My tent is set up a hundred feet away so I get lunch and go visit John's big Kaitum and check out his gear. My tent is also a Hilleberg and it's a Keron 3 tunnel and similar to Hoppin John's tent. I set up in a place I call South Col Camp as it's a little more protected from the hell winds which can attack Raven Camp---I know because I spent many a night in Raven Camp in terrible windstorms---and one time a storm bent one of my tent poles.


    Smartphone fun before the big storm.

  2. #2

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    On Day 2 the big windstorm hits Hoppin John's camp on Bob Bald and it ends up bending a tent pole "in a 90 degree angle" and collapses his tent so he packs up and comes by my tent in a cold rain and tells me he's leaving the mountain and pulling his 90 minute hike back to his car and out. He's the last person I see for the next 20 some days.


    Day 3 of the trip starts my 4 Day Celebration of the 35th Anniversary of the Arctic Outbreak of 1985---as Yes I was backpacking and living outdoors around the town of Boone NC during that Arctic storm in 1985 where Boone got -30F temps and Knoxville got -24F etc. I was camping up in the woods behind the App State football stadium and the cold was so bad I had to hike into town and spend a couple nights under a pew in the First Baptist Church on King St---as my gear was only good max to about -15F.

    Anyway, on Day 3 of this trip I'm finally able to get off Bob Bald in a very cold wind and hike to Naked Ground Gap where snow hits and the temps drop to 12F and thus begins my 35th Anniversary of the big 1985 polar plunge. Btw, my tent is a beefier version of Hoppin John's Kaitum tent---it's called the Keron 3.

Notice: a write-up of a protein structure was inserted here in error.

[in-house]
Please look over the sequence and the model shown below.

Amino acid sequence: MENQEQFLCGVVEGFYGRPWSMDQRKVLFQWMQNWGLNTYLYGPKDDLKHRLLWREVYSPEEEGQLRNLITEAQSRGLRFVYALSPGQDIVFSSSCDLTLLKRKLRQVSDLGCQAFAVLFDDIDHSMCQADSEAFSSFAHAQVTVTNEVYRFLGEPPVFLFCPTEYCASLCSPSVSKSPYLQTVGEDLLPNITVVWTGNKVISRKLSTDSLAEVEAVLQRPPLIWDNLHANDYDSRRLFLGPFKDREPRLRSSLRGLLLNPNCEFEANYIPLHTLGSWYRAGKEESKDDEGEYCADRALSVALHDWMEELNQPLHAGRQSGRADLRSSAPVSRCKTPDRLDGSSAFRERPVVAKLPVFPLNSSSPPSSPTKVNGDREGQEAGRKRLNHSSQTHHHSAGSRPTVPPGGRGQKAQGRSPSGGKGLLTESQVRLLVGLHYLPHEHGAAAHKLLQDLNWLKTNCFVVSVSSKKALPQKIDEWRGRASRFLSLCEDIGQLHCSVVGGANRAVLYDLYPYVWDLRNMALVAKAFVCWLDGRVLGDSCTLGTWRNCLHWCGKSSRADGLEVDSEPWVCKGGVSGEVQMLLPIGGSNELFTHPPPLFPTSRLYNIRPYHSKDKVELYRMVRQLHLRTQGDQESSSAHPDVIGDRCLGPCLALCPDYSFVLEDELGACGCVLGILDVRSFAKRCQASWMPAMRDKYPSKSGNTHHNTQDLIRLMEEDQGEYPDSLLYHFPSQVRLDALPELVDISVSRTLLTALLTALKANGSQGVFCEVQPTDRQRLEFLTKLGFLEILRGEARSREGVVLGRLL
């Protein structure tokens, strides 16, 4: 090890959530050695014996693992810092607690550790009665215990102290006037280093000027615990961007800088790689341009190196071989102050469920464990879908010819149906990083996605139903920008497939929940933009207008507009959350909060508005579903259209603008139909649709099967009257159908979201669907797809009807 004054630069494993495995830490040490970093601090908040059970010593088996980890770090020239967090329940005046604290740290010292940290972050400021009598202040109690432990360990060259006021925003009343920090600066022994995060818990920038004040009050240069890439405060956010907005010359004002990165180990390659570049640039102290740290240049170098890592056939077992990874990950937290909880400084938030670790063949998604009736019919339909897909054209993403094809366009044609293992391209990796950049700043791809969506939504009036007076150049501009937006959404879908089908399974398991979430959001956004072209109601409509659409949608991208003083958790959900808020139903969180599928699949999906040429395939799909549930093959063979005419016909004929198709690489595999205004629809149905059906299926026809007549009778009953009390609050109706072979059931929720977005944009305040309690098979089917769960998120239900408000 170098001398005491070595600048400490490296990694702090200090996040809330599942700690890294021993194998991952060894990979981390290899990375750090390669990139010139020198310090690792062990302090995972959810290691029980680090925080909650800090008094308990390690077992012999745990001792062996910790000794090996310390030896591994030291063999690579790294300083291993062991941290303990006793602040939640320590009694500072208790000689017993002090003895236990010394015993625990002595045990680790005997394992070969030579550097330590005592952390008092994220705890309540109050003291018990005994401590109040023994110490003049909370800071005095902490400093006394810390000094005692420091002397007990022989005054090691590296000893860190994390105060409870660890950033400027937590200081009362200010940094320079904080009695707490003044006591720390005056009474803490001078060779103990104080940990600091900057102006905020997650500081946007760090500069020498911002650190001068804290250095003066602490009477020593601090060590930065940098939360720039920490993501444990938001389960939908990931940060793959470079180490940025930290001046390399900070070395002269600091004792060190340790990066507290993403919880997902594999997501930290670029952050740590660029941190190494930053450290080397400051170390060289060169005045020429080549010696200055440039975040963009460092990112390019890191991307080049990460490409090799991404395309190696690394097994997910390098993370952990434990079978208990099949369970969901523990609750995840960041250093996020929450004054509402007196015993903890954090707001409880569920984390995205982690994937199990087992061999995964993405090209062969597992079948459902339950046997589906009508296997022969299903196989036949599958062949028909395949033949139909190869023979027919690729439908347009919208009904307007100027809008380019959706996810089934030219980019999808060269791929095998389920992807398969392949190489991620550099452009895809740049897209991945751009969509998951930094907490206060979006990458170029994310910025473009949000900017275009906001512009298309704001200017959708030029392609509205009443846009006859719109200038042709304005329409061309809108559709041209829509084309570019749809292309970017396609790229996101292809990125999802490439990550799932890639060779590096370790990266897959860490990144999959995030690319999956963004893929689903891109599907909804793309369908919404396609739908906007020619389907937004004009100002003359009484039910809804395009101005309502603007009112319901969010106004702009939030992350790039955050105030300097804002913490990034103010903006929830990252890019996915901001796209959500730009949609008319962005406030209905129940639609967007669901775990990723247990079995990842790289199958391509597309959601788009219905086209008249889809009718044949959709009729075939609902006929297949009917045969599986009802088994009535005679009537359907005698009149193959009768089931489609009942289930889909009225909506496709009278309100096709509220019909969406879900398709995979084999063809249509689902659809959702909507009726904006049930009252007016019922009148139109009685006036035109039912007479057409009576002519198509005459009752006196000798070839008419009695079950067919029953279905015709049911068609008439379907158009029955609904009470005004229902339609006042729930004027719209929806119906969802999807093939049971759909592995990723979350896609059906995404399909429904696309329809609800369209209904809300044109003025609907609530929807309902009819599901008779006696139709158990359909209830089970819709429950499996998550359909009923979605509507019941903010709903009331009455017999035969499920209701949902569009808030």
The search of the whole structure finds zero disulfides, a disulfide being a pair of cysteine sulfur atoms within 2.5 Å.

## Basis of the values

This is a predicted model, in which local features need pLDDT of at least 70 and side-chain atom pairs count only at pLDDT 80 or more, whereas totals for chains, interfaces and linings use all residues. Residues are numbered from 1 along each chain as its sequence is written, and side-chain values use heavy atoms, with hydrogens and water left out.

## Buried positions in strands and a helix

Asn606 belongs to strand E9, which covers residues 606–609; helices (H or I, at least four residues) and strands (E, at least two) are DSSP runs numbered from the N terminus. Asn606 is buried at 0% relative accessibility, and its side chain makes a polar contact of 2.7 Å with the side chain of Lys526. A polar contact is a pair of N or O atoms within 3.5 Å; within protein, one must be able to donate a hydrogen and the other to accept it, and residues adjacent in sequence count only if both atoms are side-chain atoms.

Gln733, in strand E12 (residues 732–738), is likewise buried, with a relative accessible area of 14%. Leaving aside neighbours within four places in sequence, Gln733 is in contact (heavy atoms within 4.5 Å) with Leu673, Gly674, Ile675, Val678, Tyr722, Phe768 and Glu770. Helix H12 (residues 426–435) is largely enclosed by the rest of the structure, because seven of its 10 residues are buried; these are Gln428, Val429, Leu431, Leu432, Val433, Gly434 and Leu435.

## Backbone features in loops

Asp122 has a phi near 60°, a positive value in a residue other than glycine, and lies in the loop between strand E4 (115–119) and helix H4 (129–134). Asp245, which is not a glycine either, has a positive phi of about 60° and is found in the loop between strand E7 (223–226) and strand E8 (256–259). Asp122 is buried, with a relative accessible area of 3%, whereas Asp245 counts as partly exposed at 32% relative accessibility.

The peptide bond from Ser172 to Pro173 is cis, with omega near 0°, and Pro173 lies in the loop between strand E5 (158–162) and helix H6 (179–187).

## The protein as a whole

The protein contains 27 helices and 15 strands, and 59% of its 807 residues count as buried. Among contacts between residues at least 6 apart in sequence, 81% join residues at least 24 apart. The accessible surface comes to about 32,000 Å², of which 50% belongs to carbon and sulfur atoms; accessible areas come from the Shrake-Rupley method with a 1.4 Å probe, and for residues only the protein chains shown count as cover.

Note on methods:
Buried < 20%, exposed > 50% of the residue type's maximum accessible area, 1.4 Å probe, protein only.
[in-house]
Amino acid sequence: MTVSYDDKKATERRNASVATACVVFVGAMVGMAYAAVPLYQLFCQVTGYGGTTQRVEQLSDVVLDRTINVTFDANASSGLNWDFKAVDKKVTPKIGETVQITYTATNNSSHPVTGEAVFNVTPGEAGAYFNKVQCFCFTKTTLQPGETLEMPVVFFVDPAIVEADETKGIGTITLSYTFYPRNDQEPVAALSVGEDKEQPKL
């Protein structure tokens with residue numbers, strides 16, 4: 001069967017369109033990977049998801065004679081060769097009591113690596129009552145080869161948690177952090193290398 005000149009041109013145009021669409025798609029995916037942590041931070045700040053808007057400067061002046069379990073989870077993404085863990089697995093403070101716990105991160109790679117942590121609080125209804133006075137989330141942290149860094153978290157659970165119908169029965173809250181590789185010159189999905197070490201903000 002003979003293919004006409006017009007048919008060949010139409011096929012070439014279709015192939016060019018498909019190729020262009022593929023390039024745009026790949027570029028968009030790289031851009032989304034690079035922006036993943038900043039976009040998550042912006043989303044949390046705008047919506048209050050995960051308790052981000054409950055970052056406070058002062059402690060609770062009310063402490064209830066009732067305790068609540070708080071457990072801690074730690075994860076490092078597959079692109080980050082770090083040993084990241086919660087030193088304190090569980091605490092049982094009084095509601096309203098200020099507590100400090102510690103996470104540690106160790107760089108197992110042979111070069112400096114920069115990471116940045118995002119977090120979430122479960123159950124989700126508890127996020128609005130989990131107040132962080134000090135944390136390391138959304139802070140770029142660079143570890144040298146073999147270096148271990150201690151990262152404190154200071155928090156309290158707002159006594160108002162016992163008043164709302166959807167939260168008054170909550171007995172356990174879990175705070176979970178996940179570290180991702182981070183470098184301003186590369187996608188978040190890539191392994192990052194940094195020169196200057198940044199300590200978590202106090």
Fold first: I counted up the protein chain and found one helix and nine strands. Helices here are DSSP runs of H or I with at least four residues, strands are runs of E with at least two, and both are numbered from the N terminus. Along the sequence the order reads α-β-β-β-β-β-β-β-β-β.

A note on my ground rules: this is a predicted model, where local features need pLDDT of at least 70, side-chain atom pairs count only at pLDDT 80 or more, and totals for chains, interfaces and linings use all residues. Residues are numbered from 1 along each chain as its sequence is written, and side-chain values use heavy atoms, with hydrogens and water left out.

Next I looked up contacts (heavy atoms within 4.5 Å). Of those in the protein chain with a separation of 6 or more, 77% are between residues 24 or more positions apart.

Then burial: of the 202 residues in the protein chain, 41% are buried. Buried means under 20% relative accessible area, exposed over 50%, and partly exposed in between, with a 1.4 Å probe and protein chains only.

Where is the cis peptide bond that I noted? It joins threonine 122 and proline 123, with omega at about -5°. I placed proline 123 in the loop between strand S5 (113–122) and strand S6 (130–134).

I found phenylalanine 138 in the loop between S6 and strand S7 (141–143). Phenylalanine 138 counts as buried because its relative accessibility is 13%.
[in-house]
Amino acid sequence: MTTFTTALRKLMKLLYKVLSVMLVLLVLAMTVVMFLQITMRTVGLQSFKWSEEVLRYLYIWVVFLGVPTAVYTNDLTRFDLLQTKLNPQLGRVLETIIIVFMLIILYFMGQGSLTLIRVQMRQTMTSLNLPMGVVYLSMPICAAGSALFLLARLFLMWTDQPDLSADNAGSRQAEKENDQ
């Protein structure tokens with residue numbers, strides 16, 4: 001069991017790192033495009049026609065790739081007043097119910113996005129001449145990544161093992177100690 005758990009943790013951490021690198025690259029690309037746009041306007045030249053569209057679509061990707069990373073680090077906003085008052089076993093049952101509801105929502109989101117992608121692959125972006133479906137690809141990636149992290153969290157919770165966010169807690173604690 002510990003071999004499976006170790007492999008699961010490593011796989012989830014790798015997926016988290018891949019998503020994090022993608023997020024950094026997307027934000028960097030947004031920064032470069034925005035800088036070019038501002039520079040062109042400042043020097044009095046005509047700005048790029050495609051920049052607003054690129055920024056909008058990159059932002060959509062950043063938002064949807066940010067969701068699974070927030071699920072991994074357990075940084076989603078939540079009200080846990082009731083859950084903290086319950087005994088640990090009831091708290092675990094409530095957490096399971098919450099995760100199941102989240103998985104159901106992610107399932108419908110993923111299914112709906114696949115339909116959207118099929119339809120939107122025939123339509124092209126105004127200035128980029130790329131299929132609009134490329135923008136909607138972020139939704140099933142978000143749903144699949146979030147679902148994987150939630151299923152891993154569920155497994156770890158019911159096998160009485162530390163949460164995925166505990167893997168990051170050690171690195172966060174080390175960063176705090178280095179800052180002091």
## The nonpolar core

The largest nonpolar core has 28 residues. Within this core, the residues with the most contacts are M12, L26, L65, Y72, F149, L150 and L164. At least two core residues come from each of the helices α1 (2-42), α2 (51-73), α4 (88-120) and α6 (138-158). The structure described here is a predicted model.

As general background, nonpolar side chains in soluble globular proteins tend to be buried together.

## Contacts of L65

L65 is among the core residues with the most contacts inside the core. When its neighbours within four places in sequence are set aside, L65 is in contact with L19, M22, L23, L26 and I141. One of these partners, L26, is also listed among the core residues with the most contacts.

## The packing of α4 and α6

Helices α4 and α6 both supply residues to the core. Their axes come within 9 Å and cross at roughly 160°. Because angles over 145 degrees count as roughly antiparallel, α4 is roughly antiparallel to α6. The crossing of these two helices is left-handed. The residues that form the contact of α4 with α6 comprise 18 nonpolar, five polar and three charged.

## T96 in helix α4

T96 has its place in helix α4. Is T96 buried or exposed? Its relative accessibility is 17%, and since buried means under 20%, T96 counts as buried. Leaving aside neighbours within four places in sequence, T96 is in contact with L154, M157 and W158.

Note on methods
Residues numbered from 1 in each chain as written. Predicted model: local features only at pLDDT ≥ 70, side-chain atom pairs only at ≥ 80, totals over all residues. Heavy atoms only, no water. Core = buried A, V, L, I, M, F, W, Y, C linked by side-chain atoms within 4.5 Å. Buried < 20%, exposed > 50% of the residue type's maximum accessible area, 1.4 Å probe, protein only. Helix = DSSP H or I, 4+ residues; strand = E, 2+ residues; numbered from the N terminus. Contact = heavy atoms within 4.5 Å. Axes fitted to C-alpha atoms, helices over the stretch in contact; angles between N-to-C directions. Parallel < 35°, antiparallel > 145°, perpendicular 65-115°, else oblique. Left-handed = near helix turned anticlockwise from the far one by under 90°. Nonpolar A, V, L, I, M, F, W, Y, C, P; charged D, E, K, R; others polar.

It's time to leave Naked Ground Gap in cold temps and of course I lose 2 tent stakes under the new fallen snow dangit but I cover the pack to protect it from falling snow and ice. I end up whittling two tent pegs for the windstorm I get in Camp Hope on Flats Mt at the end of the trip.


    After 4 tough hills I reach Haoe Peak at 5,240 feet and take a needed break to slap on my Kahtoola microspikes as they are needed for the steep drop off the peak to Saddle Tree Gap.


    Ye Olde Microspikes! These babies save my butt especially on Day 5 when I leave Hangover Mt in ice and descend 3 miles to Big Fat Gap. Wet snow doesn't work with these things but when temps are 10F with powder dry snow and ice they work great.


    Seven miles from Beech Gap I reach Hangover Mt in my microspikes and see the coldest night of my trip at 5F or 7F---Mt LeConte gets 2F. The hardest part of winter backpacking is packing up in the morning.


    On Day 5 it's time to leave Hangover Mt at 5,000 feet and descend the Hangover Lead South trail which I do in microspikes cuz it's a sheet of ice in places and covered in snow. After losing several hundred feet I stop in the heath tunnel section and take this pic showing Fodderstack Ridge looking west into Slickrock Creek valley and past the long ridge into the Citico wilderness side. My only job is to lose 2,000 feet of elevation in 3 miles.

  3. #3
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    I've been looking forward to your newest trip report as you mentioned you'd be doing a January excursion. And as always very impressive, nice pics and report! So I guess your buddy should have set up in a little more protected area as well ? Being that the hillenburg tents are so expensive do they replace bent poles? What water proof bags do you go with to protect the precious down? And I noticed you make your warmers out of the blue foam padding stuff not reflextex. I also use kathoola micro spikes love em. That huge bag and other bags strapped to makes me giggle every time. you the man , living the dream. Thanks for sharing brother.

  4. #4

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    I finally reach Big Fat Gap and check out the FS bulletin board. When you're moving thru ice and snow you keep your spikes on but when you leave the snow a good place to put them is on your pack's sternum strap so this way you don't have to remove your pack. Once I reach Big Fat Gap I take the Windy Gap trail to a hidden spring water source and camp and then on Day 6 I follow Windy Gap trail to Windy Gap for a break.